August 2014
Volume 14, Issue 10
Vision Sciences Society Annual Meeting Abstract  |   August 2014
Unconscious Processing of Biological Motion
Author Affiliations
  • Ayse P. Saygin
    Department of Cognitive Science, University of California, San Diego
  • Chen Song
    Institute of Cognitive Neuroscience, University College London
  • Bianca van Kemenade
    Berlin School of Mind and Brain, Humboldt-Universität zu Berlin
  • Luke E. Miller
    Department of Cognitive Science, University of California, San Diego
  • Geraint Rees
    Institute of Cognitive Neuroscience, University College London
  • Bahador Bahrami
    Institute of Cognitive Neuroscience, University College London
Journal of Vision August 2014, Vol.14, 1021. doi:
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      Ayse P. Saygin, Chen Song, Bianca van Kemenade, Luke E. Miller, Geraint Rees, Bahador Bahrami; Unconscious Processing of Biological Motion. Journal of Vision 2014;14(10):1021.

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      © ARVO (1962-2015); The Authors (2016-present)

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Biological motion processing is critical for survival and social interaction, but whether processing of these stimuli can take place outside awareness is unknown. Point-light biological motion stimuli consisting of about a dozen markers attached to the limbs of an actor have been used for decades to study the perception of biological motion. Here, we investigated whether point-light walker (PLW) stimuli masked and rendered invisible by interocular suppression could nevertheless induce adaptation for subsequent unmasked target PLWs. In each trial, an adapter PLW was presented to one eye and a large number of moving dots to the other; when fused, the noise dots effectively mask the PLW. Observers were then presented with an unmasked target PLW and were asked to report as fast as possible the direction in which it is facing. In Experiment 1, we established that discrimination of the direction of consciously perceived PLWs was faster if they were preceded by a masked adapter PLW heading in the opposite direction, indicating unconscious biological motion stimuli could induce adaptation. In Experiment 2, we replicated and extended this result by showing that the effect depended on adapter duration. Whereas single frame (12ms) or 300 ms PLWs did not induce significant adaptation, 600 ms and 2350 ms invisible PLWs did. Control studies were administered for each experiment to ascertain the adapter PLWs were not consciously perceived by the observers. Overall, these data show that masked biological motion still receives processing, and more specifically, that adaptation for biological motion can occur outside of awareness.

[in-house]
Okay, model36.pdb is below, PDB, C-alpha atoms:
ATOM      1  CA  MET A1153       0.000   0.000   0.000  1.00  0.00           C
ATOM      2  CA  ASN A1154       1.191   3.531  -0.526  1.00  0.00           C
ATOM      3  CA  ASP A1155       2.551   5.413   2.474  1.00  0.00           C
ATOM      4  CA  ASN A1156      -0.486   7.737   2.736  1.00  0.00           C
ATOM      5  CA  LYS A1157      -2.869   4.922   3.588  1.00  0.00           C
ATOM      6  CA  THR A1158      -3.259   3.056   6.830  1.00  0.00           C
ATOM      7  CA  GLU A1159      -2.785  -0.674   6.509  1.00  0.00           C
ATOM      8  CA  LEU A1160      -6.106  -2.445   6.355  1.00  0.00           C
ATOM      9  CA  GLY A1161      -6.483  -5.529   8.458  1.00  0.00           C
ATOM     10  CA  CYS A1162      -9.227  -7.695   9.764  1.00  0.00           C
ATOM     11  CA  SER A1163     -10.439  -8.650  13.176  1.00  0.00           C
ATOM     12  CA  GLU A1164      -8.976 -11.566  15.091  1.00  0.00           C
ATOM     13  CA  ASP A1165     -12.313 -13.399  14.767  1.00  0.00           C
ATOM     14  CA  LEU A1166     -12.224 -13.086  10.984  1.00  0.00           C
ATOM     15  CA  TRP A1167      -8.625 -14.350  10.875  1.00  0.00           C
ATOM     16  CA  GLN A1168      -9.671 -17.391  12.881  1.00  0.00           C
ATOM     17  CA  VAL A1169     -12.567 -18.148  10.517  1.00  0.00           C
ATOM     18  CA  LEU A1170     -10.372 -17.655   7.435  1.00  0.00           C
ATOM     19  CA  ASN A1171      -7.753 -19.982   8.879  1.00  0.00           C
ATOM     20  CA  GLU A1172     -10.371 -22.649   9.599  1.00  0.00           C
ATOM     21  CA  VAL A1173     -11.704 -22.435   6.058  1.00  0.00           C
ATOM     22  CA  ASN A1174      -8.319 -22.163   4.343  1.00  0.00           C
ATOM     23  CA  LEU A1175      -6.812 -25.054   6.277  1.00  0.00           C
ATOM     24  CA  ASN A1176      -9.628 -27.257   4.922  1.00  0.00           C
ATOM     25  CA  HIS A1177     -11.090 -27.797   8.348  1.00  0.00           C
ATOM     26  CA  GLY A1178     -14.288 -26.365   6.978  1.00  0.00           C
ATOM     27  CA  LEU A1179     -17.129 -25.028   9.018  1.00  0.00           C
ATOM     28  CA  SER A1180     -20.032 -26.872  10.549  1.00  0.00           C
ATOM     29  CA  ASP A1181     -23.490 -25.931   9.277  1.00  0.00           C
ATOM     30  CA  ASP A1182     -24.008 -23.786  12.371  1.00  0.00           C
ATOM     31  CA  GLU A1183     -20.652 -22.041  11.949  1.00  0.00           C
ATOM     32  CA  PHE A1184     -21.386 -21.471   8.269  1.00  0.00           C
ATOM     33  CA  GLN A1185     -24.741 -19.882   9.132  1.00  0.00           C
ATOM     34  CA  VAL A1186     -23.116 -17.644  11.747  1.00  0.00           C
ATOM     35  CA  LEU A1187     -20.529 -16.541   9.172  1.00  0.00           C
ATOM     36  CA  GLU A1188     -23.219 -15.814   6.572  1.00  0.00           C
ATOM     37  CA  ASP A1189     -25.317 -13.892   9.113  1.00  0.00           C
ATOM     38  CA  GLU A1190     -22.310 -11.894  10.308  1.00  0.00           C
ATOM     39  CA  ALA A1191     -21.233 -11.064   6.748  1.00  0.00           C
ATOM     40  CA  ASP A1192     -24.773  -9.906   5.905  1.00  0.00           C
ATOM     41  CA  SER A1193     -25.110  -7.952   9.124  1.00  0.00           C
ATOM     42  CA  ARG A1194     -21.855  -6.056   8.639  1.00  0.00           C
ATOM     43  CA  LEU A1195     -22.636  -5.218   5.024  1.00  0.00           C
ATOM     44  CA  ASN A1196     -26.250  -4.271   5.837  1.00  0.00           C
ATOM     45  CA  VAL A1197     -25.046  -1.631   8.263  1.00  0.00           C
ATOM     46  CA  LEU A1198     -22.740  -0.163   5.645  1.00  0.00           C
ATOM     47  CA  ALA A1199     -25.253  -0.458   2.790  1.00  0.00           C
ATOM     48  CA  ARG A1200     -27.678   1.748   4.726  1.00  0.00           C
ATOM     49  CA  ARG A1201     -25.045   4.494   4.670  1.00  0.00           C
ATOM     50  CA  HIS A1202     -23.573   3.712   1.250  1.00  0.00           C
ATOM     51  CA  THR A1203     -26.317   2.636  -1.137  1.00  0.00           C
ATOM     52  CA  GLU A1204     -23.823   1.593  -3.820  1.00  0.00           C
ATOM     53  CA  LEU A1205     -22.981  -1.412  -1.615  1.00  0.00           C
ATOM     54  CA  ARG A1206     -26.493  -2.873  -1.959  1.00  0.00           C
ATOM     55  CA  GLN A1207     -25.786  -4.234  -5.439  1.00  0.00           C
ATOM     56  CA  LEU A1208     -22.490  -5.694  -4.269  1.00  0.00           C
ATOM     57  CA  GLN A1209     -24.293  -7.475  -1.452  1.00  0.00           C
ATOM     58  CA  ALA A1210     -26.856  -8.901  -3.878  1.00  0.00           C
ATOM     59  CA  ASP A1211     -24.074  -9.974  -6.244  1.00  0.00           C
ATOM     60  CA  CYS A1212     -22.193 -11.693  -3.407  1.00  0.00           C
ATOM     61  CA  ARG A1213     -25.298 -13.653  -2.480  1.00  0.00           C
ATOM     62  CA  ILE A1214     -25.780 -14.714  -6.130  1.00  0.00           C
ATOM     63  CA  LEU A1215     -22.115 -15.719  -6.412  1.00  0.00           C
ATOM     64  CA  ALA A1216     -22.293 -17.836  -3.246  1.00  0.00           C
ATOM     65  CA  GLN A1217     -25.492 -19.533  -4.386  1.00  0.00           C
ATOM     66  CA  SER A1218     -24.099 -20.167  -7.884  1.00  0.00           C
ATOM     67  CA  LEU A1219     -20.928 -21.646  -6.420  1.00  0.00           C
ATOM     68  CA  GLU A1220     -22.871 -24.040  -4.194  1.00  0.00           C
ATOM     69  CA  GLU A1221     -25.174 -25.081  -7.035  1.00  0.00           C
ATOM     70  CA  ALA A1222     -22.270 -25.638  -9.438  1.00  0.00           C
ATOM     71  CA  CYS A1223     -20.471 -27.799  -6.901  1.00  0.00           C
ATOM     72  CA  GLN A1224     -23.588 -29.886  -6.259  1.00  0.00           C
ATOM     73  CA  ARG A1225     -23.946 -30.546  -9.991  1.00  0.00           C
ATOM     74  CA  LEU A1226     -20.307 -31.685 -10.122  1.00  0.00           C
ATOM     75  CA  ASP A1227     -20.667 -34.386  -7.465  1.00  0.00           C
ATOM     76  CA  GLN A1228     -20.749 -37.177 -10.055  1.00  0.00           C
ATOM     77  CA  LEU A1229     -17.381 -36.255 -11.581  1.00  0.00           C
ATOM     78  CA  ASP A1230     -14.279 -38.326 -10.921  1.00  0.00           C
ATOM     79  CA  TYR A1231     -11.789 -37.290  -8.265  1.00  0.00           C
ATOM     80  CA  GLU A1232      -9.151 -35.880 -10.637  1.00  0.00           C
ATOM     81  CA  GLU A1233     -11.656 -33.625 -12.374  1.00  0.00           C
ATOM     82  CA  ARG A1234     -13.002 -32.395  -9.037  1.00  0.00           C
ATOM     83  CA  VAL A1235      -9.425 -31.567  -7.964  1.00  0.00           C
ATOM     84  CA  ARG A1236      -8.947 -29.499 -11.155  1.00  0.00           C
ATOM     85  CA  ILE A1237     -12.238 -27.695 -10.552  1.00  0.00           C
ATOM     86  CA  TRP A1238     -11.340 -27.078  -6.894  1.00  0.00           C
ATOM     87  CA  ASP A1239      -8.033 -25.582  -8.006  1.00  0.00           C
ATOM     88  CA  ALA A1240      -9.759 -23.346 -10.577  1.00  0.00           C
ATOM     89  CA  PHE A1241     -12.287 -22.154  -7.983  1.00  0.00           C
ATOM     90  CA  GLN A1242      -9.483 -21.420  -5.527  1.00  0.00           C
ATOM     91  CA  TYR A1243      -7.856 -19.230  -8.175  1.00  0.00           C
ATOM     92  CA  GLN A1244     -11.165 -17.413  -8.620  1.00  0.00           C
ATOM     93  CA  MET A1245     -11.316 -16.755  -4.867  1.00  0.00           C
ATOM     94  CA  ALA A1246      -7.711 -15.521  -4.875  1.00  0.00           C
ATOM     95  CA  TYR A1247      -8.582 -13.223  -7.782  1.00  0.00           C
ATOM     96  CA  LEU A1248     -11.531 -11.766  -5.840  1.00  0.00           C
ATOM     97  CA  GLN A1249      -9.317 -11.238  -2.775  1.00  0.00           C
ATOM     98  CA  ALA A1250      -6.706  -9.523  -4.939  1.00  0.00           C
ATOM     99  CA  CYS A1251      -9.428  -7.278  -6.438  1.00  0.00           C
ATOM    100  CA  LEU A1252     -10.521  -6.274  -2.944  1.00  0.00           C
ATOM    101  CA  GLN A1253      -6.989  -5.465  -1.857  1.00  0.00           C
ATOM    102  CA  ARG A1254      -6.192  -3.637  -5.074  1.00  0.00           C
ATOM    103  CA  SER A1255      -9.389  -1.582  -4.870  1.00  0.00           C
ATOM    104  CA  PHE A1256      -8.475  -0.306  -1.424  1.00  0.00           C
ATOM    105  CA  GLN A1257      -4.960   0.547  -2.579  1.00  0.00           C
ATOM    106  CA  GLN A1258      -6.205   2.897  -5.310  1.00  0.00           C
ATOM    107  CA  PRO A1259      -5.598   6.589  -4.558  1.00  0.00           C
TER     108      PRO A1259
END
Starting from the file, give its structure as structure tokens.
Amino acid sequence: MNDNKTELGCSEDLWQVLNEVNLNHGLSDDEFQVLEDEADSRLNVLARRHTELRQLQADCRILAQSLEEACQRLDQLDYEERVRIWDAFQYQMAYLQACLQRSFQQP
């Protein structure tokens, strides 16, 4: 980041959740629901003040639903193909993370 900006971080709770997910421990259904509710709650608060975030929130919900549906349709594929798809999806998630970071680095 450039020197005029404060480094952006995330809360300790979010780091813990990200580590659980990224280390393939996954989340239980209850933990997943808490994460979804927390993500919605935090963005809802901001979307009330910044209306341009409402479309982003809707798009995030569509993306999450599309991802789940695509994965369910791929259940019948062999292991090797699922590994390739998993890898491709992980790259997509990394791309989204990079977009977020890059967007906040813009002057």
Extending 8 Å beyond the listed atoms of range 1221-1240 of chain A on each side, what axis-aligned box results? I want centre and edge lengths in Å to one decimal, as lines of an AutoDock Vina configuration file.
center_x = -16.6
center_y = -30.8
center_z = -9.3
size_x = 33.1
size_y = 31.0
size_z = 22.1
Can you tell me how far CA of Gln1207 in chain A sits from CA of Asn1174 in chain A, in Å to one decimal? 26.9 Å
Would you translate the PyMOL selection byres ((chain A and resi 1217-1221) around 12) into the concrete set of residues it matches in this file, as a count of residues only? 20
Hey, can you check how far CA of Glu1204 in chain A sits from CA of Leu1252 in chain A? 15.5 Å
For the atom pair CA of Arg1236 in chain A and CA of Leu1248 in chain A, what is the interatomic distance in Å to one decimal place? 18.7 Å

Meeting abstract presented at VSS 2014


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